Two articles today on everyone's favorite constant: pi. They both talk about the randomness of pi, or more spefically, if it is truly random at all. For as this article points out, there is no conclusive proof that all the digits of pi are in fact random. It could be we just haven't found a pattern yet. The second article talks about proving the randomness of pi through normality. The real weird part of all this is that all this research has no practical purposes other than as a brain exercise, but yet it's sought after so much. Such is the quest for knowledge.
Tropical Storm Barry is hitting Florida right now, before it leaves off toward Texas. We didn't get much rain here at Gainesville, but my family in Tampa got poured on all day. At least it's not a hurricane just yet.
I have a headache.
Salon has some good ideas on protests to free Dmitry Sklyarov. For those of yall who aren't keeping up with the saga, the FreeSklyarov.org has a good background article. Essentially Dmitry was arrested in Las Vegas during DefCon, because he had written a program that violated the infamous DMCA. He lives in Russia so violating a US law isn't that big of a deal over there, but once he was in America, Adobe gave the police a tip and they arrested him. Anyways, the whole hacker community is an uproar with protests across the country, and a bail hearing is set for August 6th, so that's the next big date for this thing. Here's to hoping he'll be freed.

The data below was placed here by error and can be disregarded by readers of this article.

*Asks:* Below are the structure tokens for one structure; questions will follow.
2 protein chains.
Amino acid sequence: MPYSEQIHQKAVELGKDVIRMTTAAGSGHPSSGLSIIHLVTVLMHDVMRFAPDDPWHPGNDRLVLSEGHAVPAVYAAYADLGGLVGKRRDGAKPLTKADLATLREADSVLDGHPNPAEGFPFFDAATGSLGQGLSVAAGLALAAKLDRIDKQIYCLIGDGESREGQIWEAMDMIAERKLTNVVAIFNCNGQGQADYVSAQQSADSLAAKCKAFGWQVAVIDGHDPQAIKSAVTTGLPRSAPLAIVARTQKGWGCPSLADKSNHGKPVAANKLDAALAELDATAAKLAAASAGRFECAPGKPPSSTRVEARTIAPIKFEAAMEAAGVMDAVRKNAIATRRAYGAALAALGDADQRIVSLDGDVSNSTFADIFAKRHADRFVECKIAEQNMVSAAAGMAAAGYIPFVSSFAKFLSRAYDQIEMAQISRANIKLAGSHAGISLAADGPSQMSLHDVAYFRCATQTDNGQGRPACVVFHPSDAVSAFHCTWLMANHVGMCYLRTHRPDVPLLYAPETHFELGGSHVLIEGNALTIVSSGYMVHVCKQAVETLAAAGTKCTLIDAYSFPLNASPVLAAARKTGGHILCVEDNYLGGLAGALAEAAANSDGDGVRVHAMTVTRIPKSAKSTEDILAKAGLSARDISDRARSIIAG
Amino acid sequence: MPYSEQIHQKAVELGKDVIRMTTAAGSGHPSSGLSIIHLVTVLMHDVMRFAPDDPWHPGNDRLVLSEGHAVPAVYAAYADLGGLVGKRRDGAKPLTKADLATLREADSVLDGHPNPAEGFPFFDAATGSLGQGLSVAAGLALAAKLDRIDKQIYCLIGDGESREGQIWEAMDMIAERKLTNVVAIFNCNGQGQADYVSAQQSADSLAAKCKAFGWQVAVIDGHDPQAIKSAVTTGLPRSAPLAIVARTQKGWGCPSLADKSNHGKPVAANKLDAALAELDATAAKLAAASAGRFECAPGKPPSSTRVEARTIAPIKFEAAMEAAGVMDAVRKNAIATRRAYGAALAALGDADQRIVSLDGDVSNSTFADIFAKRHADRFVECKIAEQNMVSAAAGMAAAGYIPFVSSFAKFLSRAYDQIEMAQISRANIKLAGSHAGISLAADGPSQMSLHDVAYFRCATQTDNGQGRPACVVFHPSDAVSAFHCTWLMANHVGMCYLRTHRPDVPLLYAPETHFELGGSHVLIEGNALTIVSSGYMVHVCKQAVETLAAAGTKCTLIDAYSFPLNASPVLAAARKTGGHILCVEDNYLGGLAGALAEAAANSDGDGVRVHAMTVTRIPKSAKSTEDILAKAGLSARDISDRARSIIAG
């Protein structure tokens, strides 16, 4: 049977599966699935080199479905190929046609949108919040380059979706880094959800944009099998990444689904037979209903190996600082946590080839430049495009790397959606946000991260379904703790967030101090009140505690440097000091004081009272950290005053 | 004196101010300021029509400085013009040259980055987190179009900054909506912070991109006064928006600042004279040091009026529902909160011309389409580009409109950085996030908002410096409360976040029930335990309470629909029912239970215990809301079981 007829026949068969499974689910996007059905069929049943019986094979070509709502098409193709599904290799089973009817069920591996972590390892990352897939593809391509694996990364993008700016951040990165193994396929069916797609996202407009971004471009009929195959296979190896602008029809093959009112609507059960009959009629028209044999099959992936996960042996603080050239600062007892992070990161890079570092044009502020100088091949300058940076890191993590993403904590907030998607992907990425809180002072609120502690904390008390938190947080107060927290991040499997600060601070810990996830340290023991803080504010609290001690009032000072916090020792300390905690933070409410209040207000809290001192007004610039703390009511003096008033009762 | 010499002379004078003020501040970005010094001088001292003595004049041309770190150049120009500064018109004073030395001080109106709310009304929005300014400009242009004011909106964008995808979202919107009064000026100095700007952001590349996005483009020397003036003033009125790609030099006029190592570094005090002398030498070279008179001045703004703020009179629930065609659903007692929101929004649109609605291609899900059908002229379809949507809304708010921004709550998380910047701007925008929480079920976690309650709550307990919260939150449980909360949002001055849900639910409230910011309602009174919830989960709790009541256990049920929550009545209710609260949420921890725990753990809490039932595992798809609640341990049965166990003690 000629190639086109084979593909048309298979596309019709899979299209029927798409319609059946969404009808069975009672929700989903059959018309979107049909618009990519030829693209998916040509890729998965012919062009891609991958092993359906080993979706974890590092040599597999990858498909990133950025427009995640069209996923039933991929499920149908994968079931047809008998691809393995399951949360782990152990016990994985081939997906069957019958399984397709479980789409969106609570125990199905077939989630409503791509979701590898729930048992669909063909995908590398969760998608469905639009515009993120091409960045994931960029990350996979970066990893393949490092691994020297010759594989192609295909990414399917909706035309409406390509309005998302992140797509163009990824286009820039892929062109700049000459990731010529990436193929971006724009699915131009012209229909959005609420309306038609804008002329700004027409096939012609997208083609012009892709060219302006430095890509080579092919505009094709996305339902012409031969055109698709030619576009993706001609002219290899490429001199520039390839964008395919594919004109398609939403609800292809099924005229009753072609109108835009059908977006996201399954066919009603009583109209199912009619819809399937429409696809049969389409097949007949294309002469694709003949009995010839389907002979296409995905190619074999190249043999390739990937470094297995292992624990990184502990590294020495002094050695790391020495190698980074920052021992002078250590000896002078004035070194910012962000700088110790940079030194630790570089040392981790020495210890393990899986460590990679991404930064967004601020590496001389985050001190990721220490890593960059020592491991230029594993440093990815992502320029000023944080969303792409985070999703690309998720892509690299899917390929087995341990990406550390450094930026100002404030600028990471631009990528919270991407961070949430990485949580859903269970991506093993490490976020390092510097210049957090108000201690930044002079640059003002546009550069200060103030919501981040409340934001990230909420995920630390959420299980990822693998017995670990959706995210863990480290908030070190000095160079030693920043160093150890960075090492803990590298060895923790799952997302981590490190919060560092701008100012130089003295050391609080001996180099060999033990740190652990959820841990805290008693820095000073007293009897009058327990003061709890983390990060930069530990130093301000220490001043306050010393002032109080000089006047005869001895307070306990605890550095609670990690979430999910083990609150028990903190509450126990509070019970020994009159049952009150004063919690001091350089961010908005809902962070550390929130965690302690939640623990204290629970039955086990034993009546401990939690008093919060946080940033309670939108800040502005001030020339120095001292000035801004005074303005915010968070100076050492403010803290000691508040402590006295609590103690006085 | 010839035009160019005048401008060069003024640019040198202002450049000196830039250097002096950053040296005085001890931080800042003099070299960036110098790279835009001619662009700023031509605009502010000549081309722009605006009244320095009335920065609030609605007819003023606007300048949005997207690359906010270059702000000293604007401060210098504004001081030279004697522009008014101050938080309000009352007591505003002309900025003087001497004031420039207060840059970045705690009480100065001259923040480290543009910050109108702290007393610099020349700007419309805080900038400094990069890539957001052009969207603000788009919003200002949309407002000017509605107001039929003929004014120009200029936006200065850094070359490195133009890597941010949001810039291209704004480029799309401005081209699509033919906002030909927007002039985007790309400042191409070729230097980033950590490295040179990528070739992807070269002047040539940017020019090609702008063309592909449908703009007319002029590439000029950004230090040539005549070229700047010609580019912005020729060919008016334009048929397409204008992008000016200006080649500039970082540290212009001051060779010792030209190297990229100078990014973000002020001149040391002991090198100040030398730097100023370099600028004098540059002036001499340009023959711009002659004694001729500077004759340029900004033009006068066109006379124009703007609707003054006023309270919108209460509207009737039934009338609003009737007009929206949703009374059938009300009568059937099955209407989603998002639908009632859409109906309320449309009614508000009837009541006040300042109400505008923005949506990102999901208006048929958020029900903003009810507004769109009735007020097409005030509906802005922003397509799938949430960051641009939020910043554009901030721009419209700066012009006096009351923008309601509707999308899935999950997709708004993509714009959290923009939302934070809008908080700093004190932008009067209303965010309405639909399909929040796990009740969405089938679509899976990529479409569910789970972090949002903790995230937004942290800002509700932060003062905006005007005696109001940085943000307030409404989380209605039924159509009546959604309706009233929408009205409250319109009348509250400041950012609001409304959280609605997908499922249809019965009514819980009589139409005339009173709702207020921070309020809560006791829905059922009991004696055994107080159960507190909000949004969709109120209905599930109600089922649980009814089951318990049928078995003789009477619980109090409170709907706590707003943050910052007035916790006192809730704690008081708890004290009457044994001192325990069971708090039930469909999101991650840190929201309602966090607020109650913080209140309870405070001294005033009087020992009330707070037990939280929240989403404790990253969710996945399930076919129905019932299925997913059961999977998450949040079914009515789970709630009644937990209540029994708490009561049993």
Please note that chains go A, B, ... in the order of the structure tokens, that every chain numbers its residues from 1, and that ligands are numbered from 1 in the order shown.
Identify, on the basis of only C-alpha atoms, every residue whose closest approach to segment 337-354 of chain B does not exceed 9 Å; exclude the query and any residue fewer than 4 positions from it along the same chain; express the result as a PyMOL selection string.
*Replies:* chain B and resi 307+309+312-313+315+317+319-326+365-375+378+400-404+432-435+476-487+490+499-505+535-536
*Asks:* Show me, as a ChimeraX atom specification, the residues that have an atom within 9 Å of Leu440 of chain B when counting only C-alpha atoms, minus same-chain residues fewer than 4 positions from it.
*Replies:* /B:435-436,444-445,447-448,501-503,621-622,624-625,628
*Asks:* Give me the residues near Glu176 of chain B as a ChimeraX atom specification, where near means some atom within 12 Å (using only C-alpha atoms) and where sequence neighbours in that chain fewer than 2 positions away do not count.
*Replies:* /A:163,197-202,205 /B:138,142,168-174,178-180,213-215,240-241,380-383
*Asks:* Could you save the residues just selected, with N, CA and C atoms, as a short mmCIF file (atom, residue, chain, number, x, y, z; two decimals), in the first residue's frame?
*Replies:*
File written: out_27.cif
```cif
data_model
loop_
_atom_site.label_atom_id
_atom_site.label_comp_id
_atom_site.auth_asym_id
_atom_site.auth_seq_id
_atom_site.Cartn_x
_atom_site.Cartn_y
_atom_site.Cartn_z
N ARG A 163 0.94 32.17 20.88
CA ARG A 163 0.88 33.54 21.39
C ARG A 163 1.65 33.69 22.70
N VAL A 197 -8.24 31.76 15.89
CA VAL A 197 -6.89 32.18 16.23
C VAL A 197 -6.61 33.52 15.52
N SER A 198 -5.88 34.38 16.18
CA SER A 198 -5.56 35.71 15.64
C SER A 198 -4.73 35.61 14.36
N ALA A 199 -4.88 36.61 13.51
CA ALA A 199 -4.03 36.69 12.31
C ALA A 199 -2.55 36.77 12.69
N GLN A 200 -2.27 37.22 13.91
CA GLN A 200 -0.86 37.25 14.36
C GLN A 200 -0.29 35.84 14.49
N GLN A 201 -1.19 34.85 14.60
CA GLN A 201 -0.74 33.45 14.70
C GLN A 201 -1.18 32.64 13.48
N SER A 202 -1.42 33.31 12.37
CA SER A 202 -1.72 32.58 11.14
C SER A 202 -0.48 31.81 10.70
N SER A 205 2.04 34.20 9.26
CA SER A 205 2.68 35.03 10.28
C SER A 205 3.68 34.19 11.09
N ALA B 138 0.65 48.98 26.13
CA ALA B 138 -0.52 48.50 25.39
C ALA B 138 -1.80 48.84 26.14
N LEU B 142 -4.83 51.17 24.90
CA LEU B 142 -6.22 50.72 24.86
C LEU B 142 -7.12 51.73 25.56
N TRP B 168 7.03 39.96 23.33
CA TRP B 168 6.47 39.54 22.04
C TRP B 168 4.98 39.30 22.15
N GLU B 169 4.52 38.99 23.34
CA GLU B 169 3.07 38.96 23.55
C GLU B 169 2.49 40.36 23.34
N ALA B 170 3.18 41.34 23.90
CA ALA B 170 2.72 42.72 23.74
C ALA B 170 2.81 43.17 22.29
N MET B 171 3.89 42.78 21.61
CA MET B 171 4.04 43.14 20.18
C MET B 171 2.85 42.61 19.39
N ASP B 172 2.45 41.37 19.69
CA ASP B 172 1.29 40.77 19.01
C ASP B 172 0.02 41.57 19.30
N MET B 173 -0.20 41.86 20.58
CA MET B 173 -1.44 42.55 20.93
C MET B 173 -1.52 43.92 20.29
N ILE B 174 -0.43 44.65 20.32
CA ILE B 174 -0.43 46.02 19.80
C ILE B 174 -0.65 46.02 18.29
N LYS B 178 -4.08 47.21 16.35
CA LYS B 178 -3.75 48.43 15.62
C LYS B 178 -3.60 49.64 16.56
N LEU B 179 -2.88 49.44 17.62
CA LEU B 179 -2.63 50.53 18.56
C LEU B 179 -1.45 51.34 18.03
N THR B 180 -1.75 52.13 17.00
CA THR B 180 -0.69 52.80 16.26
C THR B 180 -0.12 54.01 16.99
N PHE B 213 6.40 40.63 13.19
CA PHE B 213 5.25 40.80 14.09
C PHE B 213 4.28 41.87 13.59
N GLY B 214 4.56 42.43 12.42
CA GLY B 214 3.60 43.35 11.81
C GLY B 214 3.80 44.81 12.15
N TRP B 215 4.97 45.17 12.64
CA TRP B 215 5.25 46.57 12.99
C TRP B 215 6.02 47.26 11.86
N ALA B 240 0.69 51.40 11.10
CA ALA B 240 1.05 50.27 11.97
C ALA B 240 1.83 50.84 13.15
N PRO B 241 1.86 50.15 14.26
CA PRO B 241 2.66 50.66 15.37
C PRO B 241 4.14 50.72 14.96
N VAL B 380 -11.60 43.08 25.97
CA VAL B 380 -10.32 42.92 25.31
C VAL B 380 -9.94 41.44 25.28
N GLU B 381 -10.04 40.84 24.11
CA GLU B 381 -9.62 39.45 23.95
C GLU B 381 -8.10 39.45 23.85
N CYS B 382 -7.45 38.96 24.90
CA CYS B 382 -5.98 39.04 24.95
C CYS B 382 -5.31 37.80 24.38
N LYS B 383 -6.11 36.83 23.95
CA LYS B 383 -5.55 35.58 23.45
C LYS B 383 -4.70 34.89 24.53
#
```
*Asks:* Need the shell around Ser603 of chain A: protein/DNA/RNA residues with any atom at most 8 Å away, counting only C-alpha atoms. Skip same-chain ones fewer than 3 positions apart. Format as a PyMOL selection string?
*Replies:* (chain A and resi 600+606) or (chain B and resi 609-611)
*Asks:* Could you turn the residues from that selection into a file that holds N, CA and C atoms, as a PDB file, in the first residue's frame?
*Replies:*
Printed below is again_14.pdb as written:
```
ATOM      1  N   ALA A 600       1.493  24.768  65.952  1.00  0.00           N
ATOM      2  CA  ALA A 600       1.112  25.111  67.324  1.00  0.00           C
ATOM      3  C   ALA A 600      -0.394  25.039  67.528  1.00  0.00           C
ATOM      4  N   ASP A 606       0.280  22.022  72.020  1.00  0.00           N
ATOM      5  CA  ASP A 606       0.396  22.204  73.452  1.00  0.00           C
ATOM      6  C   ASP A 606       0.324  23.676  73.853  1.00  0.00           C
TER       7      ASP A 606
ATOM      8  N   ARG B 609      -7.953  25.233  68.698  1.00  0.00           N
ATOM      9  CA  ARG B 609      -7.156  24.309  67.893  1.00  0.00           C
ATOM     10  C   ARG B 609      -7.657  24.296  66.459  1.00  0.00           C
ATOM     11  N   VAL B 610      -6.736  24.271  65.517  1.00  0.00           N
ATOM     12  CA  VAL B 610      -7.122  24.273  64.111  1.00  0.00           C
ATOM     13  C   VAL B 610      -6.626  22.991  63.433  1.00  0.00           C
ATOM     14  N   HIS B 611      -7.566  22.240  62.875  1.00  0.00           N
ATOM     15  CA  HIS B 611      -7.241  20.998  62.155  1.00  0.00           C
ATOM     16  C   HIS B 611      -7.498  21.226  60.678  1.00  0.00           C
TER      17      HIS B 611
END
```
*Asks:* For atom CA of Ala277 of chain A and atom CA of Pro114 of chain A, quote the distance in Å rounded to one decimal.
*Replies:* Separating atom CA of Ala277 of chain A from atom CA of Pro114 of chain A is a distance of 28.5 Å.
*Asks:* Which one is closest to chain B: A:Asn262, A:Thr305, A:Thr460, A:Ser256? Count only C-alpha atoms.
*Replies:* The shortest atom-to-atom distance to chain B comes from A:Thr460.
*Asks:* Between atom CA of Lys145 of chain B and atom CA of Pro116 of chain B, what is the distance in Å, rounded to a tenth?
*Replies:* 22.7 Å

Mozilla .93 was released a few days ago. It's not drastically different than .92, but it is an improvement. It's getting closer and closer to that magical 1.0 release.
Modern medicine strikes again, this time with a ingestible camera. It was designed to take pictures of the small intestine as it goes through your body, in order to try to figure out what is wrong with the patient. It then comes out the other end in 8 to 72 hours. And the capsule is only $450 a pill too.
College computer labs are awesome. This update is brought to you courtesy of the UF CIRCA computer labs.
Vmyths.com is one useful site. It talks about all the virus myths going around (Good Times anyone?) and also about how the mass media reacts to virus stories. The guy who writes it is really harsh on some of the antivirus companies, but I guess someone needs to expose the kinds of FUD that they spread.